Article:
How Nurse Navigators Improve Breast Cancer Care
Author: Laura Constantine, RN
Since 2009, the
Women’s Center at Washington Hospital has been identified as a center for excellence in the treatment of breast
cancer by the American College of Surgeons’ National Accreditation
Program for Breast Centers (NAPBC). While that may sound like just another
fancy designation, what it really means is that our patients are at the
center of everything we do. And, for many of those we treat, the Patient
First Ethic really shines through in our Nurse Navigators.
When women are diagnosed with breast cancer, it’s easy to feel a
loss of control over their bodies, circumstances, and life. Nurse Navigators
help them reclaim some of their power. Nurse Navigators are specially-trained
oncology nurses. From understanding an abnormal mammogram to scheduling
a biopsy, and all the way through treatment and remission, we work one-on-one
with patients to help them throughout their breast cancer journey. And
in the process, we laugh together, cry together and find hope in this
generally chaotic and overwhelming time.
Here are just some of the ways the Nurse Navigators at Washington Hospital
help improve breast cancer care.
We guide patients through the complex cancer care system
Navigating the healthcare system can be a complex and frustrating task,
and cancer care is no exception. Once a breast cancer diagnosis is made,
time is of the essence. There are a lot of moving parts and pieces that
have to fall into place in order for a patient to receive the right treatment
as quickly as possible. As a Nurse Navigator, my job is to make this process
as smooth and seamless as possible. Not only do I help facilitate access
to high-quality care and advanced diagnostics, I have to anticipate and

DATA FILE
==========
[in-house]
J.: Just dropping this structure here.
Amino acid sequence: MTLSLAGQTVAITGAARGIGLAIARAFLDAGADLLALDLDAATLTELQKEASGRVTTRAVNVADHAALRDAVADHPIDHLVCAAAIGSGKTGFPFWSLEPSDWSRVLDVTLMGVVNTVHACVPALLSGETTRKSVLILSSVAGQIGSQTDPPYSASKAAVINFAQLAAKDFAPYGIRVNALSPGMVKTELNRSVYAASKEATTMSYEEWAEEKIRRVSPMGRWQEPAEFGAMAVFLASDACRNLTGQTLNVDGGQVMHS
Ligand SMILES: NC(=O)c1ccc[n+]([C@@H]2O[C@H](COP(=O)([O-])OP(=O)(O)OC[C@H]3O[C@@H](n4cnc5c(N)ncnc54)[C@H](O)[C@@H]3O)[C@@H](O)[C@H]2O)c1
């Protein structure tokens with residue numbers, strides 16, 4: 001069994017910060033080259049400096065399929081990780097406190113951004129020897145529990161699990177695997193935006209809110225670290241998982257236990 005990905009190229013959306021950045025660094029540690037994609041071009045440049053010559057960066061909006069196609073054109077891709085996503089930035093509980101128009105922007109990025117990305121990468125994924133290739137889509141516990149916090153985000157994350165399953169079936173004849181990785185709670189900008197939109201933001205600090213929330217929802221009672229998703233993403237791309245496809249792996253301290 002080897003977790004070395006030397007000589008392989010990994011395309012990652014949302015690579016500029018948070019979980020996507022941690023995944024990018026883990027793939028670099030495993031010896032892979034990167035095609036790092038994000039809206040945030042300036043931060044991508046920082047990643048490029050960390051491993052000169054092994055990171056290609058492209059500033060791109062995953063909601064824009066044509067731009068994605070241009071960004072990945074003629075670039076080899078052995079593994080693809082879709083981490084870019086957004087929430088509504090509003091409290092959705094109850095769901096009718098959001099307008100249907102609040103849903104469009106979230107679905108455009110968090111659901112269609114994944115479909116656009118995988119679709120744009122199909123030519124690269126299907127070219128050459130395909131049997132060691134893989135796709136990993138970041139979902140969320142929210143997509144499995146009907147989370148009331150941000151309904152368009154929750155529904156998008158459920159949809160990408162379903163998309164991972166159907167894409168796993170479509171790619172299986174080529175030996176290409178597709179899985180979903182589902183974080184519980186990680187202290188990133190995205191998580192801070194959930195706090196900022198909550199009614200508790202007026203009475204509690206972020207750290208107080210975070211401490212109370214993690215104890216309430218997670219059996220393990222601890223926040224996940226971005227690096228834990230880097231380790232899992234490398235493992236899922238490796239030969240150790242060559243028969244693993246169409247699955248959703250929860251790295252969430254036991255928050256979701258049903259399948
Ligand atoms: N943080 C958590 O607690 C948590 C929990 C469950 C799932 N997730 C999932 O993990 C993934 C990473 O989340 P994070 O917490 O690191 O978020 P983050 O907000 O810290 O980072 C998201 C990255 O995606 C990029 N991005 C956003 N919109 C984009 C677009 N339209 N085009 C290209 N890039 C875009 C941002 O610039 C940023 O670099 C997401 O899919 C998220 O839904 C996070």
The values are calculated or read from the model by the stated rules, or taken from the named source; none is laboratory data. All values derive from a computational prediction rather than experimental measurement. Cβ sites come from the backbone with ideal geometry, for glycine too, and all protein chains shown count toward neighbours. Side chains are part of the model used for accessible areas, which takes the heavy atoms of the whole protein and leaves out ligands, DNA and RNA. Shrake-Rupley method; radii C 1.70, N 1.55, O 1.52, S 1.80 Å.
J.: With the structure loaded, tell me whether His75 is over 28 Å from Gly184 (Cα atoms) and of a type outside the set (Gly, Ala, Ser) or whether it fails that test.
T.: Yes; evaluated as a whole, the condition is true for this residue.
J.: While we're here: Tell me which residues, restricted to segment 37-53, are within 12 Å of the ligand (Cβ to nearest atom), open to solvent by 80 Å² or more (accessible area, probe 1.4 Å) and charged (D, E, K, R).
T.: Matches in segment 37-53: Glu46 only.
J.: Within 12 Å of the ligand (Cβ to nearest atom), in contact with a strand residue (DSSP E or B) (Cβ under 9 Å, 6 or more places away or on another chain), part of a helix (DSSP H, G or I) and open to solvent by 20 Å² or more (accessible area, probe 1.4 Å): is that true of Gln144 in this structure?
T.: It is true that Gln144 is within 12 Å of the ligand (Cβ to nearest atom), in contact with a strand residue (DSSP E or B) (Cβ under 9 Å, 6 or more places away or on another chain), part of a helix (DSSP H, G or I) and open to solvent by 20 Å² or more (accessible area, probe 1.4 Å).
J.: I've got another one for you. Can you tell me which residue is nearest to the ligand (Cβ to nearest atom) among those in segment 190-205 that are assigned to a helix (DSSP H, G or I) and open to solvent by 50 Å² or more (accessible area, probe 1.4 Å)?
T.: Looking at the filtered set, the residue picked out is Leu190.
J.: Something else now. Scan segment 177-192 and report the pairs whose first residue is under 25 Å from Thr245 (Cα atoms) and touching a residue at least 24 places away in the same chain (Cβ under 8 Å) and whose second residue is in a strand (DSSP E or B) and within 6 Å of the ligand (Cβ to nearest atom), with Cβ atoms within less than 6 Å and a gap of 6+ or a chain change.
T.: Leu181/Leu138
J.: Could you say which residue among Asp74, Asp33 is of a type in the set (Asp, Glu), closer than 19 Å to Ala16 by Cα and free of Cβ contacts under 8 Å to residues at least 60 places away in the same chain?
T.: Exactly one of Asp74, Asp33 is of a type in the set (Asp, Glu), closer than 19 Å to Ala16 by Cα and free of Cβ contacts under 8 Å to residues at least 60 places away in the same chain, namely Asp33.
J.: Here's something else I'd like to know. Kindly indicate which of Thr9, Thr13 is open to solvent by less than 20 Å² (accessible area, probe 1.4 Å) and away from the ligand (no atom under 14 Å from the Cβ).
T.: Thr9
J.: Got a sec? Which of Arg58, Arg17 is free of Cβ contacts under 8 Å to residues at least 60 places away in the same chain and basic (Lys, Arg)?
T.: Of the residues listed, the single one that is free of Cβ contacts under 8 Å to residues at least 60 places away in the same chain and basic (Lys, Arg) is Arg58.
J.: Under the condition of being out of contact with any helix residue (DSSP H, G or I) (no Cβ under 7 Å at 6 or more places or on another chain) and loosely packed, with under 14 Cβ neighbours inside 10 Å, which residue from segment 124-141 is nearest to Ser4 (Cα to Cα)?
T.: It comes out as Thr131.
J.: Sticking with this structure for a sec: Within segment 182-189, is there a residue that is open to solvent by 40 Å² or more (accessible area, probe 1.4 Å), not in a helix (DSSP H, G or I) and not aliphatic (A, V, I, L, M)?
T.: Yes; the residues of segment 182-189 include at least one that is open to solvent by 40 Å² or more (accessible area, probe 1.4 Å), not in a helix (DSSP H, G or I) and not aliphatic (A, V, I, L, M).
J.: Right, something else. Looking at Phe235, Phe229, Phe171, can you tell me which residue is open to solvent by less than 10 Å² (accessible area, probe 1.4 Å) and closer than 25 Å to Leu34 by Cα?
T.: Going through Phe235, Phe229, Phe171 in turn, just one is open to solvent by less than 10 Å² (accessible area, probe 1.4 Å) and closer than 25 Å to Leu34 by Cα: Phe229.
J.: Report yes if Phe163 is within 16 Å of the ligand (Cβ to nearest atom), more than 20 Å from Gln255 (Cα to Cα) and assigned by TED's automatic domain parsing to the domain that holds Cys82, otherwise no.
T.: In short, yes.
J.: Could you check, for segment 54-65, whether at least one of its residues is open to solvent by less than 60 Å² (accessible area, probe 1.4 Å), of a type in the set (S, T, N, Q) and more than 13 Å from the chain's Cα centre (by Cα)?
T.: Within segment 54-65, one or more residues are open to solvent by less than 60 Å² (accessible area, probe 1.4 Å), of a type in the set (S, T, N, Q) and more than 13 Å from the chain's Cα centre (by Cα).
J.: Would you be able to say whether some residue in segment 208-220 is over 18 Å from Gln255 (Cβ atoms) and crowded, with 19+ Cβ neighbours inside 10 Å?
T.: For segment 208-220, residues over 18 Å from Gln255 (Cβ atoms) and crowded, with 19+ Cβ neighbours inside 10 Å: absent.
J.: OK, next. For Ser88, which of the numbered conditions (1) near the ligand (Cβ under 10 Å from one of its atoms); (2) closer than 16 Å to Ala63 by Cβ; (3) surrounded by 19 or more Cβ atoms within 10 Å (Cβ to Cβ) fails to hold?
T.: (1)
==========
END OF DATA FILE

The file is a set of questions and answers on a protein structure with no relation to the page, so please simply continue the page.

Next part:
avoid any functional or institutional obstacles to care like transportation,
finance or scheduling conflicts.
We empower them to make informed treatment decisions
Receiving a breast cancer diagnosis can be overwhelming on many levels.
While a patient may be acutely aware that their situation is dire, understanding
what options they have – or that they have options at all –
may not be as apparent. That’s why patient education is a huge component
of what Nurse Navigators do. From helping patients understand their diagnoses
to setting expectations for each step of the process, an informed patient
is better able to advocate for themselves and their care.
We expedite the process as much as possible
As internal advocates for our patients’ care, we can schedule the
appointments, process paperwork, and help expedite the process towards
the next step in their care.
We help patients find the resources they need
You have an appointment with a specialist but no way to get there? Call
your Nurse Navigator. You’re unsure how you’re going to be
able to afford treatment on top of your existing bills? Call your Nurse
Navigator. You’re struggling with the process and need mental or
spiritual support? Call your Nurse Navigator. You want to explore reconstruction
surgery or prosthetics? Call your Nurse Navigator. From finding culturally
appropriate supportive care to setting up an appointment with a registered
dietitian, we’re ready to help patients throughout their cancer journey.
We let them know they’re not alone
Not every nurse is fit for oncology, and not every oncology nurse is cut
out to be a Nurse Navigator. We do this job because we love it. Our patients
are going through some of the most emotionally, physically and spiritually
trying times of their lives. We want to support them in whatever way they
need us to, whether that means letting them cry it out in our office,
going with them to appointments, or something as simple as inviting them
to a picnic at a park because they’d never done that before.
Because, if I, or any of my fellow Nurse Navigators, have anything to say
about it, cancer isn’t winning – life is.
To learn more about the Women’s Center, visit the
Washington Hospital website. Or, call a Washington Hospital Nurse Navigator at
Posted October, 2019